My wife’s earnings don’t happen to qualify [as taxable income], which is why there has never been an assessment against her in all of those years, and we’re talking 11 years back now, by the way, from the time that this freely made testimony went into the record, and in all that time there’s never been any dispute about the fact that she owes no tax and received nothing that was subject to the tax in that period. … [The government is] attempting to force a litigant in a legal contest to agree with its version of the facts.
The principle that’s being violated here is not a principle that only has relevance in this immediate circumstance. This is a principle that has relevance in any litigation. If you think about this, anytime the government would now want to do something to somebody, and do it by way of the fiction of a court proceeding, it will be able to ask the court to force its opponents to agree to its version of facts. Meaning that there is effectively no litigation. Anything can be done at that point.
This principle will not be limited to tax cases. If the government decides it wants to take your kids, it now has a precedent by which it can have a court order you to declare yourself an unfit parent. It can have a court order you to admit to abusing your children. It can have the court order you to declare anything.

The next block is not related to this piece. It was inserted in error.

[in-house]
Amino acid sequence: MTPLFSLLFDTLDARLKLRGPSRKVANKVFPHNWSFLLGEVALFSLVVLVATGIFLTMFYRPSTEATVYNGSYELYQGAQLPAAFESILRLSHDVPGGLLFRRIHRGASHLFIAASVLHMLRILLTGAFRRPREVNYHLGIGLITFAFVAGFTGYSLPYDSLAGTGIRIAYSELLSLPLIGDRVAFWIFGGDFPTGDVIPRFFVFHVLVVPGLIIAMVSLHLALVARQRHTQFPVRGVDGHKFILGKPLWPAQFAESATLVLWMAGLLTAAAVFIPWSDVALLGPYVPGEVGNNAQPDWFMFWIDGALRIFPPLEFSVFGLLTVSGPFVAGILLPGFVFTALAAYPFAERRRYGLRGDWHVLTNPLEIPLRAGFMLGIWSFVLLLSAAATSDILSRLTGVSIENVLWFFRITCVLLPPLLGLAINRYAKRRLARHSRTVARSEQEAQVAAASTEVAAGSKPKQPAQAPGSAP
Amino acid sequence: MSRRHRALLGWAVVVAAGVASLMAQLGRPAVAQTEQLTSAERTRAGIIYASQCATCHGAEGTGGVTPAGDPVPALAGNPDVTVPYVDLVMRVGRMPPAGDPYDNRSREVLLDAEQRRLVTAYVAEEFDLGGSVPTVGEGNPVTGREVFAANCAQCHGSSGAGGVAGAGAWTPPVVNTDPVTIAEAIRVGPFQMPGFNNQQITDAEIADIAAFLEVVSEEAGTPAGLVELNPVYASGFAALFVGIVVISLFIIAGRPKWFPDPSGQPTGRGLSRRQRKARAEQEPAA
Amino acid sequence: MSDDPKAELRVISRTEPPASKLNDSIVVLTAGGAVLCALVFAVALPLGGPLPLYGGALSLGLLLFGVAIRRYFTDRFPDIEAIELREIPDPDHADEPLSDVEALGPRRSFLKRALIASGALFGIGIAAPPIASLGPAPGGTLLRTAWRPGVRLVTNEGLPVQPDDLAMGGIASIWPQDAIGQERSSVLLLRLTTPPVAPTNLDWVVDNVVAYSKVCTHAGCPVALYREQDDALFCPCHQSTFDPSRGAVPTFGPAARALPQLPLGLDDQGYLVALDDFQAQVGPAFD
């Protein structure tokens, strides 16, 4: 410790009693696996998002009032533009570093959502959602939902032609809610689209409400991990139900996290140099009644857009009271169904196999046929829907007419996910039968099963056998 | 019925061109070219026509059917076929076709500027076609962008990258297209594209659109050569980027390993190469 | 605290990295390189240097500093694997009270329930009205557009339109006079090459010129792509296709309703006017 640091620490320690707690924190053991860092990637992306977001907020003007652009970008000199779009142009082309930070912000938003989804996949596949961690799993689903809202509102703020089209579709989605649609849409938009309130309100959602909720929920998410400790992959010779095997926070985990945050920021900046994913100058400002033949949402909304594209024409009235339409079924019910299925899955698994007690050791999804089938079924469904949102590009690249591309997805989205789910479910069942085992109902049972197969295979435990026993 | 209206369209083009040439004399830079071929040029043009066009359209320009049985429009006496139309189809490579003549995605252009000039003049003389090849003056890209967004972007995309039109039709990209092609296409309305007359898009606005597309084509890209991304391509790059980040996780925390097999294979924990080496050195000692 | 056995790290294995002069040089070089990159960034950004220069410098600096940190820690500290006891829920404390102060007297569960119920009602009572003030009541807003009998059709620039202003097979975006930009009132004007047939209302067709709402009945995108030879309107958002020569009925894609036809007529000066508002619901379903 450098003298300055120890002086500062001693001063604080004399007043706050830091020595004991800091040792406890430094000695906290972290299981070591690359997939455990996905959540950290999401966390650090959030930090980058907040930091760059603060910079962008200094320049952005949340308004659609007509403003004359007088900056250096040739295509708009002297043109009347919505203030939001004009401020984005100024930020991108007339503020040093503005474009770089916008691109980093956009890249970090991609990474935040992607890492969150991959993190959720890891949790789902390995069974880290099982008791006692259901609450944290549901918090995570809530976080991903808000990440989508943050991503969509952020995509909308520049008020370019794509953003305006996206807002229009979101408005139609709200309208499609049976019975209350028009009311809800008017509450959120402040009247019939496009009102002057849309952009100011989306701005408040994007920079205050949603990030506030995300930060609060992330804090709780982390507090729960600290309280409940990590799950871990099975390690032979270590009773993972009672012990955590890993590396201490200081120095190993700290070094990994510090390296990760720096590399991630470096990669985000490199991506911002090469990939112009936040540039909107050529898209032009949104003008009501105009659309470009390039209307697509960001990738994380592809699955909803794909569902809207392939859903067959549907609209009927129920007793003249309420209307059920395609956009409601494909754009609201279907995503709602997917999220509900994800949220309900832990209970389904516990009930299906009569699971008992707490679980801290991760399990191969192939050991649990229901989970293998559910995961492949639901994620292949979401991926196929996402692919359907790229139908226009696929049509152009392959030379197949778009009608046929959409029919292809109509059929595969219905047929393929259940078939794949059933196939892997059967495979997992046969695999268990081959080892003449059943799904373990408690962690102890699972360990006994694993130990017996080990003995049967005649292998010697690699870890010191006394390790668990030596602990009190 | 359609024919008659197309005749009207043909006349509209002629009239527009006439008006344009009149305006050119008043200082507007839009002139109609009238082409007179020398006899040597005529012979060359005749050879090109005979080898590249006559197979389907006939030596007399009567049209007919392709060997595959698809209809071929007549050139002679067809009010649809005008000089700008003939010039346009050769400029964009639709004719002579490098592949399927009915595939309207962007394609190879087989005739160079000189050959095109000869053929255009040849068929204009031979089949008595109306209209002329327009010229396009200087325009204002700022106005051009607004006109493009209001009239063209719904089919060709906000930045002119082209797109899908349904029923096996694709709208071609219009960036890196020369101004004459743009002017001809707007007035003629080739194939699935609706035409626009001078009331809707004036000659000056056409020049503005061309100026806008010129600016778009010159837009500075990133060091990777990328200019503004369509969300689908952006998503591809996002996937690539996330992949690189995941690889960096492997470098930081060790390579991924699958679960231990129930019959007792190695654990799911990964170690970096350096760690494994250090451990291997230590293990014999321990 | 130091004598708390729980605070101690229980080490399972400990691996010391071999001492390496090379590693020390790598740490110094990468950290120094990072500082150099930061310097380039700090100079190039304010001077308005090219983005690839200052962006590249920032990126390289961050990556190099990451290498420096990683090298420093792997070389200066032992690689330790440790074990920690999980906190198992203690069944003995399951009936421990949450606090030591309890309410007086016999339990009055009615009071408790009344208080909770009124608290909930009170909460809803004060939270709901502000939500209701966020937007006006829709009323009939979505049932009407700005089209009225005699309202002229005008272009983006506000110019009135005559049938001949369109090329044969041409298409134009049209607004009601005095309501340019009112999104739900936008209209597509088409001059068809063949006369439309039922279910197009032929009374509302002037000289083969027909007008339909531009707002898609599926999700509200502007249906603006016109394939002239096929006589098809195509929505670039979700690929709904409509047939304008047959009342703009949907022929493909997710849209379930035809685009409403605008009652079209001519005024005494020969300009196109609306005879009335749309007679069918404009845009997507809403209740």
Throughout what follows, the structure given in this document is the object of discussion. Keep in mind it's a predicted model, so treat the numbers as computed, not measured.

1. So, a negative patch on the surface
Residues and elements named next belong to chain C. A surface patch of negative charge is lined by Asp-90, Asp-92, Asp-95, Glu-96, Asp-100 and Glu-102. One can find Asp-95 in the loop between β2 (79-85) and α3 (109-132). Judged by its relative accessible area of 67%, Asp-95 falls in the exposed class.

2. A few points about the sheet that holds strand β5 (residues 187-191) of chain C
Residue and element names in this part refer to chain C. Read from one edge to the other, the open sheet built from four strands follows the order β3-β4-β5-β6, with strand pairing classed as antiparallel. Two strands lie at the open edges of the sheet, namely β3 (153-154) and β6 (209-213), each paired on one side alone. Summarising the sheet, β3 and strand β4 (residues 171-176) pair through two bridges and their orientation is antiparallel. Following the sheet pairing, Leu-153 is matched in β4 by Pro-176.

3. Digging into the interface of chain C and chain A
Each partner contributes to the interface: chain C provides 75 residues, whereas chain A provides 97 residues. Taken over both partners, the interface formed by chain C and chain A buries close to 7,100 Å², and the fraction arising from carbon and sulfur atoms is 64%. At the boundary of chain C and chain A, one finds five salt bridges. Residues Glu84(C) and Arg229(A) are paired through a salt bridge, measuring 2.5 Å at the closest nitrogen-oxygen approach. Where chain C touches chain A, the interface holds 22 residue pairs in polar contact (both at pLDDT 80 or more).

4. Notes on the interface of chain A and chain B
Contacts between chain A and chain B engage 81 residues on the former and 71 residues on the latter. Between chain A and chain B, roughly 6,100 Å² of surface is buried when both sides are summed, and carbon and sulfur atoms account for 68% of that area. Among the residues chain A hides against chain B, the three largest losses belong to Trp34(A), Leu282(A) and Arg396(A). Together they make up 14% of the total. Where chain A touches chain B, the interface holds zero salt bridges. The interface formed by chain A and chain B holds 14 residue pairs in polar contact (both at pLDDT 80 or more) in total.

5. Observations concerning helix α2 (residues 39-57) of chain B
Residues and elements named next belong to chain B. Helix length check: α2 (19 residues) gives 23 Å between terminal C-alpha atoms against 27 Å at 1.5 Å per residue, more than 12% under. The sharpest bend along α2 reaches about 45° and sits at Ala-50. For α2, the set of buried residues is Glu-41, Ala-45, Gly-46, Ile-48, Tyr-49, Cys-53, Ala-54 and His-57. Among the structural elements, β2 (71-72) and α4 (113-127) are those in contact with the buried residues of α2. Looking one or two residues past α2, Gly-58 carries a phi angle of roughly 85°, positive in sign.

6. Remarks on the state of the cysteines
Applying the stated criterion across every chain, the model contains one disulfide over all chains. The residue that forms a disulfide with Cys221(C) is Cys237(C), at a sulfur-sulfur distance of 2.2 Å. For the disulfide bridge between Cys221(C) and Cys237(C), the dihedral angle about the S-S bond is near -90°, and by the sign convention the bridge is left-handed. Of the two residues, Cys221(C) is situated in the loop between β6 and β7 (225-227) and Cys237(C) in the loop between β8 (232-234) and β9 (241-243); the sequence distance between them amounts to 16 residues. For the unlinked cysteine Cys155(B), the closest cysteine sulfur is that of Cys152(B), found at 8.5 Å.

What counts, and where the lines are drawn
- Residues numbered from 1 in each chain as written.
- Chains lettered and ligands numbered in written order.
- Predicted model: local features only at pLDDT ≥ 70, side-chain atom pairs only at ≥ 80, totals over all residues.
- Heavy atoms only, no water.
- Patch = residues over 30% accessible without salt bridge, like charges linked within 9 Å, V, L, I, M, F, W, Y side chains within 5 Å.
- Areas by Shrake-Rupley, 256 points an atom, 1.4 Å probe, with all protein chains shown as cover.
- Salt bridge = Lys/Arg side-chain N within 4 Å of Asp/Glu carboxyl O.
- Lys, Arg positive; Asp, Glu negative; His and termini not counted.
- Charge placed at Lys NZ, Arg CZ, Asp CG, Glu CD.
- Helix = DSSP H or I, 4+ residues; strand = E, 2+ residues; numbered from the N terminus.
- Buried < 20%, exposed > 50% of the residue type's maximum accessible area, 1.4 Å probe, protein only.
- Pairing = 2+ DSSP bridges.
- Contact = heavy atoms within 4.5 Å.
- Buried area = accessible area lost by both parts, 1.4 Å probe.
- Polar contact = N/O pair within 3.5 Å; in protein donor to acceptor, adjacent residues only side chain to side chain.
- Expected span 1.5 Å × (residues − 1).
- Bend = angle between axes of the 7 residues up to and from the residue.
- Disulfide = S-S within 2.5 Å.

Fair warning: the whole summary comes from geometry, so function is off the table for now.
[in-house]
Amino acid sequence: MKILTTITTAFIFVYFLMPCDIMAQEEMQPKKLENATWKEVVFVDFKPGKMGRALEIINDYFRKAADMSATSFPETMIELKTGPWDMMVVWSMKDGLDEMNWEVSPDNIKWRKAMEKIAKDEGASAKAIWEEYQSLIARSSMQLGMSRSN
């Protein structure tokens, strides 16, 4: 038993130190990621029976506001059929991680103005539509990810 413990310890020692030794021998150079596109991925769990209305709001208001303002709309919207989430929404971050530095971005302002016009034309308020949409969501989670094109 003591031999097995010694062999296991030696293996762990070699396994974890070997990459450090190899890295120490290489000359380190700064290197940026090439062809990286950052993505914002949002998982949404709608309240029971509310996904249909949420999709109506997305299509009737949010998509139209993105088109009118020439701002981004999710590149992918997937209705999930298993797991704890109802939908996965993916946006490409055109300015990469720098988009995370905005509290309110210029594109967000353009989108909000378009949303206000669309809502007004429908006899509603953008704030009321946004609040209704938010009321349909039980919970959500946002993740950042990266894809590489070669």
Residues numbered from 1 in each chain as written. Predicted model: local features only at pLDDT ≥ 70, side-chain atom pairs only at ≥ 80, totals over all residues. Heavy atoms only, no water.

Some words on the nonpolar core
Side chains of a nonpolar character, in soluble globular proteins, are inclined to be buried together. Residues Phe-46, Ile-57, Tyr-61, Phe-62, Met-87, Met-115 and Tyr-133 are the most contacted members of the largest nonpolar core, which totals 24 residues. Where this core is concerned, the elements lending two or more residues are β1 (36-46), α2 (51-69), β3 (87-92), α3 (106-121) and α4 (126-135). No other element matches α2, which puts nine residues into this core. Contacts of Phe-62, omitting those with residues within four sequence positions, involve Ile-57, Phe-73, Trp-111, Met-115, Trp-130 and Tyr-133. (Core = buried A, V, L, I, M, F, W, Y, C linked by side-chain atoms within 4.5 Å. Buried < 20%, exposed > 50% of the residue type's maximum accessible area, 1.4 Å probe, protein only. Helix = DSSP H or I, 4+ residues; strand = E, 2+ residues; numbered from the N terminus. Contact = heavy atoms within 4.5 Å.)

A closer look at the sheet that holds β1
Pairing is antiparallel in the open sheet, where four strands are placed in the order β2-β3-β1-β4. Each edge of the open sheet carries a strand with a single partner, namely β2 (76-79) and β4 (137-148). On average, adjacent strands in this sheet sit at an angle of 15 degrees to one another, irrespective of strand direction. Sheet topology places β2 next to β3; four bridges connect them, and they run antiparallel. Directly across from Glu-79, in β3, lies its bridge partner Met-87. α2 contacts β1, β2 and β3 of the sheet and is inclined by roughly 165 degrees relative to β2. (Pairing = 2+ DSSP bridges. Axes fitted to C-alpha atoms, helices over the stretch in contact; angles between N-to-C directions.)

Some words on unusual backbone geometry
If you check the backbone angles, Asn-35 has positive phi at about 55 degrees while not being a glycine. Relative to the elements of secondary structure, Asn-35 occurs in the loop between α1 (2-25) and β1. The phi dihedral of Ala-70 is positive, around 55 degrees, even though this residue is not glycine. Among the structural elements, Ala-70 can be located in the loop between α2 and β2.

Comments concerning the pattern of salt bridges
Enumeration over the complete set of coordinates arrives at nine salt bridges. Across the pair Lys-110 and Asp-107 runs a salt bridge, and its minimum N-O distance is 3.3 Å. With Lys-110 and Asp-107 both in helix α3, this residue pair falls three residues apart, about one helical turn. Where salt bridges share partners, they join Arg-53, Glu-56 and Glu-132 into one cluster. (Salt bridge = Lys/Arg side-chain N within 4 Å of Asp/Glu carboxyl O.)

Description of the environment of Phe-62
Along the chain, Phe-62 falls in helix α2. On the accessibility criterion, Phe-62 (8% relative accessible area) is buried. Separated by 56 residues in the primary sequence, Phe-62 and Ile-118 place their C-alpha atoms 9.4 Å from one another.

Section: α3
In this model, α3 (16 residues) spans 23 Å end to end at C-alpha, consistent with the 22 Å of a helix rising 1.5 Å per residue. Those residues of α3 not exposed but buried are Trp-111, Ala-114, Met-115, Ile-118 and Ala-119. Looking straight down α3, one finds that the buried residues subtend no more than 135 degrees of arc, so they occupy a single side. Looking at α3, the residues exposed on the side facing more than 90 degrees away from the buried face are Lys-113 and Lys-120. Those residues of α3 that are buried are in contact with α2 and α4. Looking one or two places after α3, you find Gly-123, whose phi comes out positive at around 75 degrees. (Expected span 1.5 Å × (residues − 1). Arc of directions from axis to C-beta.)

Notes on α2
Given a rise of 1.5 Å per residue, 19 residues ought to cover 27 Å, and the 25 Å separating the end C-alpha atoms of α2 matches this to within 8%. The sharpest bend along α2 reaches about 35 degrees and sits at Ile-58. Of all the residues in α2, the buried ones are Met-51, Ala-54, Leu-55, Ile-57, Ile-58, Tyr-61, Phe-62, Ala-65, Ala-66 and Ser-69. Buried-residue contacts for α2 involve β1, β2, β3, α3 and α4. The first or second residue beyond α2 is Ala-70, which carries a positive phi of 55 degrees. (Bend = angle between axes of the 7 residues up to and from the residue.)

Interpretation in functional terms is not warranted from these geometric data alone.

What is the limit here? There is no limit. Should it come to pass – Doreen is going to trial two days from now …
The Ancient Art of Self-Defense (The Trial)
And it was a trial in which she defended herself. It is becoming increasingly recognized among us that attorneys work for the system, not for their clients (except perhaps when those clients are part of the system). An email report from a supporter who made the trip to the Theodore Levin federal courthouse in Detroit:
The trial was intense. I attended all three days. The emotional exhaustion was far greater than any physical exhaustion I have known. Trying to sit motionless, resisting the urge to show reaction to the behavior of the criminal actors for three days was a real challenge. Doreen ran the show for her defense and used her [public defender] attorney sparingly and wisely. I have never seen such composure and gentle confidence as I witnessed in Doreen. Being charged with disobeying a court order to bear witness against herself and falsify a document, she stuck to her guns and refused the court’s order to purge herself. Of course the criminals tried every which way to turn that around and make it look like she was in contempt, which the evidence clearly showed she was not.
Tasked with having to make a jury discern truth from fiction, I must say Doreen did a heroic job. Any reasonable person [unwilling to] succumb to intimidation [could] arrive at only one conclusion: that Doreen is innocent of the charge.
If it was hard for an observer to sit and watch the ordeal, imagine how it was for Doreen! To read her opening and closing statements, please go to http://www.veteranstoday. com/2013/11/03/bizarre-jury-instruction-you-cannot-consi der-the-constitutionality-of-the-law/ … I believe that last word “law” in the VT article title should be “order” or “court order,” as explained by Pete in the Fetzer radio update:
Hendrickson: It gets worse. The government has asked the court to rule that the unlawfulness or unconstitutionality of the order given to Doreen be kept from the jury’s consideration. That’s bad enough by itself. …